It’s easy to forget sometimes that Joe Haden is still learning. When he enrolled at Florida in January 2007, he was a player without a position.
That fall, he found himself the first freshman ever to open the season at cornerback for the Gators. He hasn’t missed a game since – starting all 26 games Florida has played the last two seasons.
“You can’t ever learn to much as a corner,” Haden said after Florida’s 13th practice of the spring Wednesday. “You always have to study film, and you always can get better. Two years is definitely not enough.”
You also can’t work too hard as a cornerback on this team, where the depth in the secondary ensures that no spot is safe.
Even Haden, a staple of the secondary, will not let himself get complacent.
“When I go home (after practice),” he said, “plays flash through my head. I am always thinking about how to get better. I’m always thinking about football.”
The competition is friendly, Haden said, but it extends well beyond the football field. When they have some time off, the players in the secondary like to go bowling. Haden said he’s not that good, but he has goals.
“Markihe (Anderson) thinks he’s the best at everything – cars, bowling, video games,” he said. “So I would just like to whoop him.”
Haden isn’t so sure if he’ll ever accomplish that goal – he only averages 130 – but he is confident about his goals for the football field.
“I’m not trying to be the best cornerback on my team,” Haden said. “I’m trying to be the best cornerback in America. In trying to get to those goals of being an All-American, the competition against my teammates makes me better.”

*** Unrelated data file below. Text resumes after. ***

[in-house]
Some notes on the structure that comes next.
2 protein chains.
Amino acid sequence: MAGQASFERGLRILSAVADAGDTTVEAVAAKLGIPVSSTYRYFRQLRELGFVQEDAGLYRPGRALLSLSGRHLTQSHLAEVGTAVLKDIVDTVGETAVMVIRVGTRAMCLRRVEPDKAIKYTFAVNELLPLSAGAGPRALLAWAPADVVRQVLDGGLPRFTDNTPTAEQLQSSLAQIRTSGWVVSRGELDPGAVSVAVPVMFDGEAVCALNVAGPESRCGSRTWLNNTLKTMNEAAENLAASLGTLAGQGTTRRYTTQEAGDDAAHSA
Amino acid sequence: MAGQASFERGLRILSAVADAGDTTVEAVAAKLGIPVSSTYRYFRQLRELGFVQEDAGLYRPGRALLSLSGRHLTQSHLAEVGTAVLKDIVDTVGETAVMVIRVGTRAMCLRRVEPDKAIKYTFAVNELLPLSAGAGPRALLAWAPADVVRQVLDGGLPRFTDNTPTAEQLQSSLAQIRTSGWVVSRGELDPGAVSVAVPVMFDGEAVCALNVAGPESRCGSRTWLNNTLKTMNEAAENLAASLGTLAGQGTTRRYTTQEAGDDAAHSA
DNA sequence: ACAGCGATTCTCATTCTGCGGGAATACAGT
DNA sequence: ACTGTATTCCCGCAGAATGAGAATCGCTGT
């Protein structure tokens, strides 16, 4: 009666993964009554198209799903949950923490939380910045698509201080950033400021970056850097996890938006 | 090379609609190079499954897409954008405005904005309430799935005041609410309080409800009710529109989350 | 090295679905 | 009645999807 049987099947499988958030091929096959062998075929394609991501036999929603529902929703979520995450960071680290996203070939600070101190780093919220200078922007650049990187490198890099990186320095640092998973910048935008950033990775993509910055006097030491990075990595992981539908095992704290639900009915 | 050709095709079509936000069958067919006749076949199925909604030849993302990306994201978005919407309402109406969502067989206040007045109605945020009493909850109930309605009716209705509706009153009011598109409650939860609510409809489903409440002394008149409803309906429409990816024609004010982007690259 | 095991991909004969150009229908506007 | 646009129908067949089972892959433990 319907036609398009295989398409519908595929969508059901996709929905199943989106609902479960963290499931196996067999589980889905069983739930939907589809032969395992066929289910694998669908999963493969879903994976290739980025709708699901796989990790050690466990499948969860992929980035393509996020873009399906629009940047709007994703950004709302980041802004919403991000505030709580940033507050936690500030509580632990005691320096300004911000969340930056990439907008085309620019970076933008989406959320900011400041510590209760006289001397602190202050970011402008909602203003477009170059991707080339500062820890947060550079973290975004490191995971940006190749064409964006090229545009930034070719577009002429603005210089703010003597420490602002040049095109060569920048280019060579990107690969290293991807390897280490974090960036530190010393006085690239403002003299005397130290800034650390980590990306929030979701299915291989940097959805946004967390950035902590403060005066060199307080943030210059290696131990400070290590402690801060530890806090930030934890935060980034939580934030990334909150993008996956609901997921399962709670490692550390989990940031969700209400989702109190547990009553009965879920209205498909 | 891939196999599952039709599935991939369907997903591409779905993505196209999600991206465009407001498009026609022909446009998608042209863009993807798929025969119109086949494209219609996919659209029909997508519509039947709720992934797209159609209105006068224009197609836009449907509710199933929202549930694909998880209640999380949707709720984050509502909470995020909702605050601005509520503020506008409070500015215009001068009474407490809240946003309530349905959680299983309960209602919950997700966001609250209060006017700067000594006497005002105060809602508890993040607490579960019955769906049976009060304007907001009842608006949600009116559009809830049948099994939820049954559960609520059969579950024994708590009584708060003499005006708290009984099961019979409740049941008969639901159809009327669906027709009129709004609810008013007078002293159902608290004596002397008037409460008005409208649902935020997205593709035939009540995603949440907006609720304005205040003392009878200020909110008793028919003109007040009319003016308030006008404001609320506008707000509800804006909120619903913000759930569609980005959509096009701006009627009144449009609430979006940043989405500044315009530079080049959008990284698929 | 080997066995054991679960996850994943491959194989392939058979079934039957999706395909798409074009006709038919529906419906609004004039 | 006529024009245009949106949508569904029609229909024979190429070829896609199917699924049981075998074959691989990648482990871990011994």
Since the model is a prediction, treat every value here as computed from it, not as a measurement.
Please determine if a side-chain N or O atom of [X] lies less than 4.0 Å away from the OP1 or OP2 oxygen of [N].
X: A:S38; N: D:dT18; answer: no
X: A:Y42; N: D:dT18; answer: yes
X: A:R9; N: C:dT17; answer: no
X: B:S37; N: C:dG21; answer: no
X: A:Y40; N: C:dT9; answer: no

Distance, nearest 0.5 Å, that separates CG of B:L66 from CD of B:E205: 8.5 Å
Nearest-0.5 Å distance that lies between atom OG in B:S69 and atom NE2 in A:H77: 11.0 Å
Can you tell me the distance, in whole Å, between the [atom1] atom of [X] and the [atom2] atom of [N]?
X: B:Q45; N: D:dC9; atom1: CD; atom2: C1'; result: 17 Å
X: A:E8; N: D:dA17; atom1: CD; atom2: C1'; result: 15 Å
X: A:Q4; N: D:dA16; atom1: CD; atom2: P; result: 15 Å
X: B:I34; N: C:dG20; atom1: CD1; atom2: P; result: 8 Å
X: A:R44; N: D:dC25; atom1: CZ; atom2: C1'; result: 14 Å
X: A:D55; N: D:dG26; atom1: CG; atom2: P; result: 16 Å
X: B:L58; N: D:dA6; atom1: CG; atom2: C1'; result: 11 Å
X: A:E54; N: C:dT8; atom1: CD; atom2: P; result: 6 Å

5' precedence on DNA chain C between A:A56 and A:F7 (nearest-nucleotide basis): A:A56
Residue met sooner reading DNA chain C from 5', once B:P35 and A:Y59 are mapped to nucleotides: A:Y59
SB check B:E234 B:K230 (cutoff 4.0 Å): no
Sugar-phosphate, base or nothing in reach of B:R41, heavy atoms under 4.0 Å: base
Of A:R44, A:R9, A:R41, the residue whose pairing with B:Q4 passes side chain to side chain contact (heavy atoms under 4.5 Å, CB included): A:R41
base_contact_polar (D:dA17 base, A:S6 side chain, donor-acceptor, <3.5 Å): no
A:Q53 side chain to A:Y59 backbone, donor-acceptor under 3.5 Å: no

Considered on of the top quarterbacks in the nation at Friendly High School in Fort Washington, Md., Haden could be satisfied with the progress that he has made. Instead, as his instincts take over, he is setting those lofty goals for himself.
In the games this fall, the safeties, linebackers and defensive line will help Haden reach them. He credits the team with enabling him to take chances.
“In my first year,” Haden said, “I was just trying to get lined up straight. Now I’m just trying to make plays.”
“If you know that you’ve got a safety over top, you can jump some routes underneath,” Haden continued. “That just makes you so much more confident, that if you go for the ball and miss it, someone has your back.”
Haden remembers vividly a moment just a few months ago when Major Wright bailed him out. Haden lined up against Oklahoma’s Manny Johnson in the BCS National Championship Game and got burned on a double move.
More than a few yards behind and trying to recover, Haden saw Major Wright breaking for Johnson and then saw the biggest hit of his life – Johnson had to leave the game for the next few plays. The pass fell incomplete.
The memories of the title game motivate Haden, but only when he thinks about how much better the defense can get.
“We are going to try and be record-breaking,” Haden said. “With all the experience we have and with the depth at each position, there is no reason why we shouldn’t keep everybody to limited yards. We want shutouts.”
Haden reminds himself that it is still the spring. He doesn’t know how much time he’ll play in the Orange and Blue Debut, but he wants to get an interception before he gets pulled. Then he will come back this summer and work on all of his other goals.
“I’m not going to get comfortable,” he said. “I’m going to get better.”
When Joe Haden was little, his father told him to be the best at everything he tried. Two years after his first snap at corner, he isn’t there yet. But he will never stop trying.